Microsoft has revealed that it will be rolling out several new features to its Chromium-based Edge web browser in an upcoming update slated later this month. These include vertical tabs, a side panel for browser history and the sleeping tab feature – all of which were initially released to Edge Dev channel testers four months prior.
Vertical tabs is something we never knew we needed, especially if we’re hoarding dozens of tabs during a web browsing session. As implied by its name, this new feature allows you to list all of your tabs vertically on the left side, independent from the rest of the browser. This is activated by simply clicking on the tab icon located on the upper left corner, From here, you can close or add tabs and also arrange them as you see fit, much like the original horizontal version.
Best of all, not only does this feature clean up Edge’s upper bar, the vertical tabs pane itself will minimise when not in use – further freeing more room for the active web page window and giving the browser a cleaner and minimalist look. When minimised, all tabs are represented by their respective website’s icon for your reference.
The next feature is very handy if you’re planning to revisit a particular page from your long list of web browsing history. In the current version of Edge (and Chrome), accessing the browser history will open up a new tab which would take you away from the current website that you’re viewing. To remedy this, Microsoft has introduced a new approach where clicking on the History button in the pull down menu or by pressing CTRL-H will now open up a new miniature pop-up window on top of the browser – displaying a list of previously visited websites that you can scroll through.
This pop up can be maximised, which would display it as an independent column on the right side of the browser. You may choose to close this at any time to free up more screen space by clicking on the “X” button on its top right corner.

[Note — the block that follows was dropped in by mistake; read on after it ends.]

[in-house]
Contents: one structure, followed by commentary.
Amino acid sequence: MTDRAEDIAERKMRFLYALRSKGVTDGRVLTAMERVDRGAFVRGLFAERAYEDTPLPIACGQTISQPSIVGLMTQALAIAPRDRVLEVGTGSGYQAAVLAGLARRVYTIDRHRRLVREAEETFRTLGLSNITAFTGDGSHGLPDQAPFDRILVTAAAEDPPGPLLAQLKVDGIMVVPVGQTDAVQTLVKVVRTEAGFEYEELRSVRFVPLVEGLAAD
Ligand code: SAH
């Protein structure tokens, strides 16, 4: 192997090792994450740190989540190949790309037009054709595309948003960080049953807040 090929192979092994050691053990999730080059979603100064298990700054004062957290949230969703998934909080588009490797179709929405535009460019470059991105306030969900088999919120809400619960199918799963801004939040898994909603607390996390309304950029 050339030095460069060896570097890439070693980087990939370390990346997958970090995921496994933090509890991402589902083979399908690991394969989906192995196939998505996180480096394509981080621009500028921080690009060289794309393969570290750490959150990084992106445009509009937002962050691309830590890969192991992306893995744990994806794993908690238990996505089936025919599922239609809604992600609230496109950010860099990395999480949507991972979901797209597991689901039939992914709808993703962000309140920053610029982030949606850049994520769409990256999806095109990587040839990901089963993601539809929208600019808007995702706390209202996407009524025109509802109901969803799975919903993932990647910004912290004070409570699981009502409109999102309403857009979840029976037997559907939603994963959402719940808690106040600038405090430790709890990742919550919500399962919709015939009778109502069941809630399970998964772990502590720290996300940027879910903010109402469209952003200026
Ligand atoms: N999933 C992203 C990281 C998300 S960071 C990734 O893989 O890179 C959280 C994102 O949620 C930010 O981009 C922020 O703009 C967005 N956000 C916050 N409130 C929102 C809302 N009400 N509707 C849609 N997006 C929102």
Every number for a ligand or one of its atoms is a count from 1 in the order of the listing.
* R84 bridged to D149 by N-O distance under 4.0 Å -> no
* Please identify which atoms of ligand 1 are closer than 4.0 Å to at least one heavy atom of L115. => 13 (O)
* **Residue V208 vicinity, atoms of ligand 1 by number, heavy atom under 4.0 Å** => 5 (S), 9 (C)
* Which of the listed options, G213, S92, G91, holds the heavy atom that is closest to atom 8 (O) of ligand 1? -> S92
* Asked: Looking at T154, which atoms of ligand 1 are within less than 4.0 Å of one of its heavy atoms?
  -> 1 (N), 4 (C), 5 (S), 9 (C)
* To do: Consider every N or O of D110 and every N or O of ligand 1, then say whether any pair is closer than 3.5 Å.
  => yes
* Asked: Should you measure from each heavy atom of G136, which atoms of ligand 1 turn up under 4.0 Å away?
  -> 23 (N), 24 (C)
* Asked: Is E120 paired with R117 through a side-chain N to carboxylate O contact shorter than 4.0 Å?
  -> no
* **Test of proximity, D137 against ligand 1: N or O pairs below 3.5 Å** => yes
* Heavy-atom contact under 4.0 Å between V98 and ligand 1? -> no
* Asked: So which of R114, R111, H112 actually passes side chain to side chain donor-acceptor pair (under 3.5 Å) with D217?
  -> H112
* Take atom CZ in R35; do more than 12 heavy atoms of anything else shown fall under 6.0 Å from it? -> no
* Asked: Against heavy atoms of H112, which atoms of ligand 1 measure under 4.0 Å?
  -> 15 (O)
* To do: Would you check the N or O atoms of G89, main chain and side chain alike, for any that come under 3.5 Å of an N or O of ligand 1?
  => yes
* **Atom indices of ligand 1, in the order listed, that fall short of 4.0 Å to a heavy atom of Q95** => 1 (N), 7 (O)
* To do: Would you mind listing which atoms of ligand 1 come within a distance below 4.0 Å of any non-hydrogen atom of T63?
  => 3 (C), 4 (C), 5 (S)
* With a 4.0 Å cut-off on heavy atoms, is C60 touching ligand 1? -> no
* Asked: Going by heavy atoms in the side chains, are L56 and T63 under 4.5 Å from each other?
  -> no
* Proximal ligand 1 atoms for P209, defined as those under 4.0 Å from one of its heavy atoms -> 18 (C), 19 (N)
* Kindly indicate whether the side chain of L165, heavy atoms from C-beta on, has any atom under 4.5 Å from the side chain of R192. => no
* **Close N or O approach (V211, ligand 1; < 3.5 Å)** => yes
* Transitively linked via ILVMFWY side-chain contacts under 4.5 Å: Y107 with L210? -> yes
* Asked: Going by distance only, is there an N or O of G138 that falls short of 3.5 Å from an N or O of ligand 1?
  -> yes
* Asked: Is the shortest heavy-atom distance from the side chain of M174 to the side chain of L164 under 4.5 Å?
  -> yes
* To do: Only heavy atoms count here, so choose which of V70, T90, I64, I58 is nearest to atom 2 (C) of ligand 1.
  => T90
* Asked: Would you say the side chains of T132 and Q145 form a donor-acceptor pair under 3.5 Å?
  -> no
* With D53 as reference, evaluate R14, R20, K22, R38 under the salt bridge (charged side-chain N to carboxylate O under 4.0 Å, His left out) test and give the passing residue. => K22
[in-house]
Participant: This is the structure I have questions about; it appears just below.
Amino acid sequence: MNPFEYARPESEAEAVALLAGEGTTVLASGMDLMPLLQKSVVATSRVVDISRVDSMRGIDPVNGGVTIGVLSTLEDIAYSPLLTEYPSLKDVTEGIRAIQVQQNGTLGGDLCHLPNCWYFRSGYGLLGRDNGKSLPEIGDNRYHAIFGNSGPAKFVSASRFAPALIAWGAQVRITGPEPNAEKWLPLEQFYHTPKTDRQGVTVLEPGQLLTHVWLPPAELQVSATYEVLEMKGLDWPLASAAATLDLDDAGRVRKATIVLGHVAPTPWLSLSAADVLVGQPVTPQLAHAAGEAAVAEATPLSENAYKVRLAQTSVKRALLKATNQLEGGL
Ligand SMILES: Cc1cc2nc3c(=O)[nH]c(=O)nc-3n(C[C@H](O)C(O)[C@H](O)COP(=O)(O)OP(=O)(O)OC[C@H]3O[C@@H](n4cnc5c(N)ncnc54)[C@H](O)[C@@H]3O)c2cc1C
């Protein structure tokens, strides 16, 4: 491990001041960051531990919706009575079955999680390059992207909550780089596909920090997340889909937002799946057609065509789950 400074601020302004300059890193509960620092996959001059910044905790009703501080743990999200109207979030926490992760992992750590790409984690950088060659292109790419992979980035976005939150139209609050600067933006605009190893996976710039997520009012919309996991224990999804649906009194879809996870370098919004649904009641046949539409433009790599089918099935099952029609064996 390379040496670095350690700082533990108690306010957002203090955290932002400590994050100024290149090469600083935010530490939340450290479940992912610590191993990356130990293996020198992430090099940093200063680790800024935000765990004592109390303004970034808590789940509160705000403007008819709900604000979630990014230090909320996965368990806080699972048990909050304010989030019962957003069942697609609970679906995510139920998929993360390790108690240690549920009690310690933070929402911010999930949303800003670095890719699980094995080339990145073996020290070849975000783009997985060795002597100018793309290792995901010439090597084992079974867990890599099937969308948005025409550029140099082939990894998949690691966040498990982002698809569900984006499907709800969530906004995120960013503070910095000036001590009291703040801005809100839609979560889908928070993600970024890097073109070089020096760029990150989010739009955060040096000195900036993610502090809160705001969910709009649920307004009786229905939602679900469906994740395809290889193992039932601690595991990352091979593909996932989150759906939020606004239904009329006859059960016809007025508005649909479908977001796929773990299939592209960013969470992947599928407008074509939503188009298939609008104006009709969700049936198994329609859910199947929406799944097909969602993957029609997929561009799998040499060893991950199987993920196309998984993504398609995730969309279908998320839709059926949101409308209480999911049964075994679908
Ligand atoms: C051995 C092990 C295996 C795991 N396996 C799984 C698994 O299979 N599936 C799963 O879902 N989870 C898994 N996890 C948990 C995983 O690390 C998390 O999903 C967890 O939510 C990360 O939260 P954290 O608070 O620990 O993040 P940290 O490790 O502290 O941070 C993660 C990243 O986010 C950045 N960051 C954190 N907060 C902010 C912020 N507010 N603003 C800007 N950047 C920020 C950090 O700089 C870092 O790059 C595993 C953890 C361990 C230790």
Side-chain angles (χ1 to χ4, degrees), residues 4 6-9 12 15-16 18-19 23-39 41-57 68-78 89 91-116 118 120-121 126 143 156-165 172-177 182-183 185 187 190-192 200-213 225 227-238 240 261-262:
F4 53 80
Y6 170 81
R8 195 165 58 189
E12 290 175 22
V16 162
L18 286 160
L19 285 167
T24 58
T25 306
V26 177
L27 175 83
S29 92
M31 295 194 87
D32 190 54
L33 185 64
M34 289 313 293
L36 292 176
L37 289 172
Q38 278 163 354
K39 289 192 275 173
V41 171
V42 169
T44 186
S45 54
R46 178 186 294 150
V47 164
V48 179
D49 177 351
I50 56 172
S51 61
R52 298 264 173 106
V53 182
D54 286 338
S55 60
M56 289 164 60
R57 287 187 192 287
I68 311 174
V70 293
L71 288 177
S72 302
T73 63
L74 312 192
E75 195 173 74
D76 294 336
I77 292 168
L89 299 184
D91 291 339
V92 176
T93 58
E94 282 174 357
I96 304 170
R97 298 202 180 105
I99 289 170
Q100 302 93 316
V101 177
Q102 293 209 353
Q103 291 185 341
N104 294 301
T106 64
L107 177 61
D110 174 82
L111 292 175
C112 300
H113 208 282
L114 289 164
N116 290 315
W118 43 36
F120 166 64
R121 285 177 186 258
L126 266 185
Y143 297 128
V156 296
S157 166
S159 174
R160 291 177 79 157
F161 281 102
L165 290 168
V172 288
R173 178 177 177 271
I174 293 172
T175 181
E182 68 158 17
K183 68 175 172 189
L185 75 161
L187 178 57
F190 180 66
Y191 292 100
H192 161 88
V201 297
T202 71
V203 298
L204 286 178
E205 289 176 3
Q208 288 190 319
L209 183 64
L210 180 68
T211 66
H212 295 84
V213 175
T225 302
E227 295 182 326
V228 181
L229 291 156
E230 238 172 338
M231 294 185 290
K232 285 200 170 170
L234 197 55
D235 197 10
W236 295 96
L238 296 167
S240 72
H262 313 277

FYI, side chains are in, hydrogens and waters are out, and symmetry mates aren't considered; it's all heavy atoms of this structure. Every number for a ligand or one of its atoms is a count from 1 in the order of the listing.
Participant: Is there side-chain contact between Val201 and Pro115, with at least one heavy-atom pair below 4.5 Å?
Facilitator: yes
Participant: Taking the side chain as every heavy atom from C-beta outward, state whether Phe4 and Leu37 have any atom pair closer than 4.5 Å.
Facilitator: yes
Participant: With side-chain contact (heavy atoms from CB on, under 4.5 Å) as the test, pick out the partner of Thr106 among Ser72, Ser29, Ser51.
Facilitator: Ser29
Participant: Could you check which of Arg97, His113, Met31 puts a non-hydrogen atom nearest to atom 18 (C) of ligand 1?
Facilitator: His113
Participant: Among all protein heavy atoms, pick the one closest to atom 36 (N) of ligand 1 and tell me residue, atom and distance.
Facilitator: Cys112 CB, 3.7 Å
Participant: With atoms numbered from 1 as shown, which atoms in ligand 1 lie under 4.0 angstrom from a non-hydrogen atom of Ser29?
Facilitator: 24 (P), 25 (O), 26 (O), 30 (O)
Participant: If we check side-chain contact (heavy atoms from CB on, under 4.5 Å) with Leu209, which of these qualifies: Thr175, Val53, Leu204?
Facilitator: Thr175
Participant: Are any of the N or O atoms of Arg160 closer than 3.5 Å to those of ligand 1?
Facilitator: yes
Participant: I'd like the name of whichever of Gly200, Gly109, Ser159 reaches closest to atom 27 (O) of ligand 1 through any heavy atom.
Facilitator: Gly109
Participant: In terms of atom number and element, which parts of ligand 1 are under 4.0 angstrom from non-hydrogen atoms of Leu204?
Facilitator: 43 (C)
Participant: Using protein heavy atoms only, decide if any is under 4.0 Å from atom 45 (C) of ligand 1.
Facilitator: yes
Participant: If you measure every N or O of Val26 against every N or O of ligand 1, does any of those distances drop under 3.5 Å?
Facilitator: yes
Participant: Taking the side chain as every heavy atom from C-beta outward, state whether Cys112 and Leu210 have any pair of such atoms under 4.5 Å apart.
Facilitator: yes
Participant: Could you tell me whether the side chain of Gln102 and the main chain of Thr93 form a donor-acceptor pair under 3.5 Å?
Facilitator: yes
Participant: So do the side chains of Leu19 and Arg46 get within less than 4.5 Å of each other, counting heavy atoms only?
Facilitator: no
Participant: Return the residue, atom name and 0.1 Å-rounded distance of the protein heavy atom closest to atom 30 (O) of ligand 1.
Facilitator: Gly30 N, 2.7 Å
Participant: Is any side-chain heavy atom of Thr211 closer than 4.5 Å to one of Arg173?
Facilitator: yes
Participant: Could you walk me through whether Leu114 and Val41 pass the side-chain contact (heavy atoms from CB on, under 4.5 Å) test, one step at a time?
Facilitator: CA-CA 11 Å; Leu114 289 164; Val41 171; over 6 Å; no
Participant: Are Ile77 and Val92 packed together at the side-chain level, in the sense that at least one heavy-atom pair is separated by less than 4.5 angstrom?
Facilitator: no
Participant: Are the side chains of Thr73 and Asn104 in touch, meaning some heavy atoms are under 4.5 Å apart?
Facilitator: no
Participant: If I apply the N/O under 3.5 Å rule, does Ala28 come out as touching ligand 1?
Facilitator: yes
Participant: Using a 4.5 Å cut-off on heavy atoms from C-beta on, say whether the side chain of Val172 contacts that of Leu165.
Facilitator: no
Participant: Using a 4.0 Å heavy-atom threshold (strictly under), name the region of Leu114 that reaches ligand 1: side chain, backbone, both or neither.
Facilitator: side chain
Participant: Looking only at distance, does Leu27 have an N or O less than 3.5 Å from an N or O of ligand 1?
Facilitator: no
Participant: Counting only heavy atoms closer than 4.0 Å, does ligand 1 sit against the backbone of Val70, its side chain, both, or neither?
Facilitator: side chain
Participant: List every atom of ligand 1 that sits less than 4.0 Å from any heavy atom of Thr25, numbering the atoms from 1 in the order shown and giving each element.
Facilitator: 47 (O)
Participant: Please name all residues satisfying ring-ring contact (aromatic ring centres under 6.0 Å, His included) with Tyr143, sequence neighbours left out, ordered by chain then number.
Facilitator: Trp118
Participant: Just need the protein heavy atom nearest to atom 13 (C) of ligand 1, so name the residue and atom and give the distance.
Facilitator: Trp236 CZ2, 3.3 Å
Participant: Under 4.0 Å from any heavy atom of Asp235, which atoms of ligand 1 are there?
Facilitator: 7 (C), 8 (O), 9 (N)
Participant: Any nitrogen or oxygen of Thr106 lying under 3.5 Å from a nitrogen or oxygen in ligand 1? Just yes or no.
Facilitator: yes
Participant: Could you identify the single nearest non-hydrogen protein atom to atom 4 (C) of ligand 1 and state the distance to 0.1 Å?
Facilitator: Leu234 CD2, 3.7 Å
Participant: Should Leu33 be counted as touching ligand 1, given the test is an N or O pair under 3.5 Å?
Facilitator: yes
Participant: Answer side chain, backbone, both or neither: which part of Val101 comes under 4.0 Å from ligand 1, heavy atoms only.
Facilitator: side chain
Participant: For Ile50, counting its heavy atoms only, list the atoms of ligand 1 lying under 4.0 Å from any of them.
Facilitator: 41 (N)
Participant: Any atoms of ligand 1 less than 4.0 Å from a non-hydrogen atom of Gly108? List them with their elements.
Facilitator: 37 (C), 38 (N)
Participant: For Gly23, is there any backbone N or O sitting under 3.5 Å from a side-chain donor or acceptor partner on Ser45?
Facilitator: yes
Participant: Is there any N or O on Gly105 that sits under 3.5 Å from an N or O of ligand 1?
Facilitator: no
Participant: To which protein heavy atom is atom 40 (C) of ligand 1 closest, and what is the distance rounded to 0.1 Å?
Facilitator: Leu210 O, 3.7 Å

The third and last new addition to Microsoft Edge is the sleeping tab feature, which runs passively in the background while you browse the web. Having multiple tabs on any web browser open will clog up a computer’s resources and cause slowdowns. This is because each website in their respective tabs are functioning as per usual, even when you have a different page opened in the browser’s main window.
Sleeping tabs remedies this by putting these tabs to, well, sleep by cutting off resources after a certain amount of time of inactivity. This can be set manually by the user via the settings page. Microsoft says that, according to tester feedback, this new feature increases battery life for laptops by using 26% less CPU power on average and also reduces memory usage by 16% on average.
Needless to say, these new features have granted Microsoft’s web browser an edge (pun intended) to surpass Google Chrome in terms of functionality and efficiency. Not bad for a cloned product with a rocky beginning.
(Source: Microsoft [Official blog])